In 1984, the game ''Hydlide'' came out on the Japanese microcomputers {{PC-6001}} and [[{{PC-88}} PC-8801]]. Upon its release in {{Japan}}, it was hailed as a revolutionary title. It was one of the first ever games in the emerging {{Action RPG}} genre, and it also introduced the RegeneratingHealth mechanic. The game's success led to ports across multiple other Japanese computer systems, and eventually the {{Famicom}} console in 1986. Its revolutionary game design had a big influence on later action RPG franchises such as ''TheLegendOfZelda'' and ''{{Ys}}''. However, ''Hydlide'' was not released in NorthAmerica until 1989, when North American gamers played the 1986 Famicom version for the first time on the NintendoEntertainmentSystem. It is this version that the majority of [[NorthAmerica North American]] gamers know about.

A princess is attacked by the dragon Varalys, who breaks her into three fairies and scatters them through the land. One of her kingdom's bravest knights, Jim, sets out to retrieve the fairies and the crystals that will restore her to her original form and allow him to slay Varalys.

While the original microcomputer versions sold well in Japan, the NES port later gained notoriety in North America for being [[SeinfeldIsUnfunny terribly outdated]] in comparison to later, more refined, superior action RPG titles like ''TheLegendOfZelda'' and ''{{Ys}}''. Compared to those games, the graphics in ''Hydlide'' looked "messy and hard to interpret" in comparison. Unaware of when ''Hydlide'' first came out, some North Americans even wrongly accused ''Hydlide'' of being "a badly designed ripoff" of either ''The Legend of Zelda'' or ''Ys'', when in reality, it was actually the other way around: both ''The Legend of Zelda'' or ''Ys'' were heavily influenced by ''Hydlide'' in the first place. This makes ''Hydlide'' a classic example of the SeinfeldIsUnfunny trope, with later generations failing to realize just how revolutionary it was for its time.

The game received several sequels, including ''Hydlide II'' for the PC-8801 and {{MSX}} in 1985, ''Super Hydlide'' (''Hydlide 3'' in Japan) for the MSX and PC-8801 computers in 1987 and SegaMegaDrive / SegaGenesis console in 1989, and ''Virtual Hydlide'' for the SegaSaturn in 1995, the latter being a remake of the original. While ''Hydlide II'' and ''Super Hydlide'', with innovations such as a MoralityMeter and DayNightCycle, were considered good games in Japan, they became very outdated by the time ''Super Hydlide'' released in North America in 1990.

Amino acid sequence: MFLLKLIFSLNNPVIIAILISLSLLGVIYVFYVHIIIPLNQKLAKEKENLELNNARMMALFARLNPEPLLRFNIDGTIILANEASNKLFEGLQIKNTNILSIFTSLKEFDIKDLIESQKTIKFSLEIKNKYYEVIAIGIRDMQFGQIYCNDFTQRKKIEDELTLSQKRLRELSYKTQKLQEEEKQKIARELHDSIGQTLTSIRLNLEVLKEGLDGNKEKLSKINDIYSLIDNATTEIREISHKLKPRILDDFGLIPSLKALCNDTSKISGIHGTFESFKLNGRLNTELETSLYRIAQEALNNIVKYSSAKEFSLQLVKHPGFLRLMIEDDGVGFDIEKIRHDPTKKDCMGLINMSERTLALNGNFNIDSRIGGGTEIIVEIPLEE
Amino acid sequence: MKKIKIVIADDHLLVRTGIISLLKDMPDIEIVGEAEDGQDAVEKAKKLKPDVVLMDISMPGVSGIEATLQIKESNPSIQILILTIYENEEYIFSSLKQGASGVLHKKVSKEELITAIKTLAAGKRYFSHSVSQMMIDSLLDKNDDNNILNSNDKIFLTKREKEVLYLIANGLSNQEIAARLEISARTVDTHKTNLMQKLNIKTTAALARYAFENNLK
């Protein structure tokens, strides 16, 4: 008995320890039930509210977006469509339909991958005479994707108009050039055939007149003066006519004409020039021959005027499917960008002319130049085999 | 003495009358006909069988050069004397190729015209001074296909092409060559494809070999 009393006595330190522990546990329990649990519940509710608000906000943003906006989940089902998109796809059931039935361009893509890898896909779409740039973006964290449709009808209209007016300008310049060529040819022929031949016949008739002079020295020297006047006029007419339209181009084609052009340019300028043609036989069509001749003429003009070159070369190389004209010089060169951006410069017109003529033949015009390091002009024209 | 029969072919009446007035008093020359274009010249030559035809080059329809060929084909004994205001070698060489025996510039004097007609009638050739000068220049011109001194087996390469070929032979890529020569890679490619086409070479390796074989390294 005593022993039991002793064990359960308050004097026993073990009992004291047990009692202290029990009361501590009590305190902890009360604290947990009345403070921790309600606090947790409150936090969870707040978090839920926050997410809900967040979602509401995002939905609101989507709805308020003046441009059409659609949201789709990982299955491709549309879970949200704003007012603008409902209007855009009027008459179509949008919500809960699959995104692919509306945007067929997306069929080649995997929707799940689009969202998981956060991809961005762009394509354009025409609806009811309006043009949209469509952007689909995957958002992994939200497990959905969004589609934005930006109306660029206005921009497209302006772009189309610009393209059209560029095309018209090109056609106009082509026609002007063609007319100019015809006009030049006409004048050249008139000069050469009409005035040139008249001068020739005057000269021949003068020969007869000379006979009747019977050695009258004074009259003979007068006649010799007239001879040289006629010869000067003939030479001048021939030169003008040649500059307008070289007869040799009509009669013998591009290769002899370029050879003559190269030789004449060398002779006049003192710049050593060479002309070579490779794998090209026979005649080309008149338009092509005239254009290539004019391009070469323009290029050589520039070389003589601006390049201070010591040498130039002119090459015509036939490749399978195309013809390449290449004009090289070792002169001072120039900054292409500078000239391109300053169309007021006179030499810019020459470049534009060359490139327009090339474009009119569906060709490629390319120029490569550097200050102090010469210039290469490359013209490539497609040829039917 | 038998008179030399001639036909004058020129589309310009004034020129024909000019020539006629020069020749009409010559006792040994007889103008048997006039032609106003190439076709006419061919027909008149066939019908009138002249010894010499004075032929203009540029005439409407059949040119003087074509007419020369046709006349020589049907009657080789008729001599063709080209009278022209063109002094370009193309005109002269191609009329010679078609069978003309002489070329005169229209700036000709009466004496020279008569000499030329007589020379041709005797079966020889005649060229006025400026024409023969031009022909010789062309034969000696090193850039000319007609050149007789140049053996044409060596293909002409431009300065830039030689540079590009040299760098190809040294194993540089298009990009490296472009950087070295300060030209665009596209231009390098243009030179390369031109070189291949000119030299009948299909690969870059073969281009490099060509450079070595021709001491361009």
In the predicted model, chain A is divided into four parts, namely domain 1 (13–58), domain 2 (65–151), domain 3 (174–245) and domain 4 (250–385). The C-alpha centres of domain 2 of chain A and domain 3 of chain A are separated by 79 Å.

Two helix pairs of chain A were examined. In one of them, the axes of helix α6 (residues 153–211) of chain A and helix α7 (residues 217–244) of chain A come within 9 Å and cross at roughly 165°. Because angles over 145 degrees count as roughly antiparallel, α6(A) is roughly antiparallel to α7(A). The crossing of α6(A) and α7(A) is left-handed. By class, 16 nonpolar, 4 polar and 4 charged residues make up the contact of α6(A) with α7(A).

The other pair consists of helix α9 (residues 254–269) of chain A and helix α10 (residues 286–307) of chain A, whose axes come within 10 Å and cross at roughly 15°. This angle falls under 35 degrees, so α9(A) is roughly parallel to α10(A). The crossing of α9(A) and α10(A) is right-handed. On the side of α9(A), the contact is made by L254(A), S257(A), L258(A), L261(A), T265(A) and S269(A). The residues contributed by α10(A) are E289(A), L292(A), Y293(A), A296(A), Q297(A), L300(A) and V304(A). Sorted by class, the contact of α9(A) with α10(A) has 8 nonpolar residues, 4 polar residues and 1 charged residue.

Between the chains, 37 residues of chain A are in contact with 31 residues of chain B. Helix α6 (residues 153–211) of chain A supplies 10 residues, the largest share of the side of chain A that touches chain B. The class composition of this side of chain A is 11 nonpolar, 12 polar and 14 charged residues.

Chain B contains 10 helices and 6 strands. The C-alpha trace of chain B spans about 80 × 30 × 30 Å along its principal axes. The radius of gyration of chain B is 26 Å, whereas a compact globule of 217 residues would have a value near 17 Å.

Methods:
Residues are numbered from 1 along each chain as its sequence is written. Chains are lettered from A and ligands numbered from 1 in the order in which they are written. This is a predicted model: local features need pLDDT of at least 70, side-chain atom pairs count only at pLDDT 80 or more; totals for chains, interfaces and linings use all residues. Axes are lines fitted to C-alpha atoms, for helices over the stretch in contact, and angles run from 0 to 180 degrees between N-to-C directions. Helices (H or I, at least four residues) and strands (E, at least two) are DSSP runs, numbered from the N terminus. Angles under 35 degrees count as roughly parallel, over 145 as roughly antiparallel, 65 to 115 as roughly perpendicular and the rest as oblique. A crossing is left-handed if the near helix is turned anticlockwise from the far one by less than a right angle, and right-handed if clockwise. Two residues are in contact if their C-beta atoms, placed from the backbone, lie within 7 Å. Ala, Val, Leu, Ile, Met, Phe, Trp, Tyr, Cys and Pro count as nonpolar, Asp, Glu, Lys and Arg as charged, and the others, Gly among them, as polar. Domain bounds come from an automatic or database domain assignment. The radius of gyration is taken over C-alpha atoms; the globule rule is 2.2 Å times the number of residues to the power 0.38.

For clarity purposes, the original (or the Famicom/NES version) will be just called ''Hydlide'', ''Hydlide II'' as ''Hydlide II'', ''Super Hydlide'' as ''Super'', and the Saturn game ''Virtual''.
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!!This game contains examples of:
* {{Action RPG}}: This was one of the first ever games in the Action RPG genre, along with ''VideoGame/DragonSlayer''.
* BigBad: Varalys, the final boss of the original and ''Virtual''. He's [[DemotedToDragon reduced to the Dragon]] in ''Super'', with Kaizack taking the role of big bad.
* GenreShift: ''Super'' takes a hard left turn into science fiction around the halfway point.
* GuideDangIt: There is absolutely ''no'' clue at any point what you're supposed to do.
* JokeItem: The Sega Pack in Super Hydlide. It even says "It's a joke." when you try to use it.
* KnightInShiningArmor: Jim.
* MindScrew: ''Super'' goes all the way in the second half of the game, where you're in space fighting robots and finding computer data, not to mention the final battle where it's revealed that the game's BigBad is in the fact the creator of the entire universe!
* MoneySpider: Averted in the worst way possible in ''Virtual'' - monsters give you NOTHING. Not even experience. Played straight in ''Super''.
** Monsters in Virtual give points, it's to buy items in case you screwed up by cursing them with scrolls on accident. Also points can be spent on the Dark Sword's projectile attacks.
* MoralityMeter: ''Hydlide II'' was one of the first ever games to feature this mechanic. The game introduced a morality meter where the player can be aligned with Justice, Normal, or Evil. Killing humans or good monsters lowers the player's morality, while fighting evil monsters increases it. If the player has an evil alignment, the townsfolk will ignore the player, denying access to certain clues, dialogues, equipment, and training.
* PolygonCeiling: ''Virtual Hydlide'' is the only 3D game in the series, and oft considered a tremendous mess of a game, with awkward controls, combat on the overworld being completely useless since you don't gain XP from killing enemies, randomly generated overworlds that serve no real purpose, and a silly-looking [[DigitizedSprites Digitized Sprite]] for the protagonist.
* RegeneratingHealth: The original ''Hydlide'' was an UrExample of this trope. It introduced a health regeneration mechanic where health and magic slowly regenerate when standing still. It inspired the regenerating health mechanic in the more popular ''{{Ys}}'' series, decades before the mechanic eventually appeared in FirstPersonShooter games with ''{{Halo}}''.
* WizardNeedsFoodBadly: You must eat, and eat regularly, to survive in ''Hydlide II'' and ''Super''. ''Hydlide II'' was, in fact, one of the first games to feature this mechanic, after ''Panorama Toh''.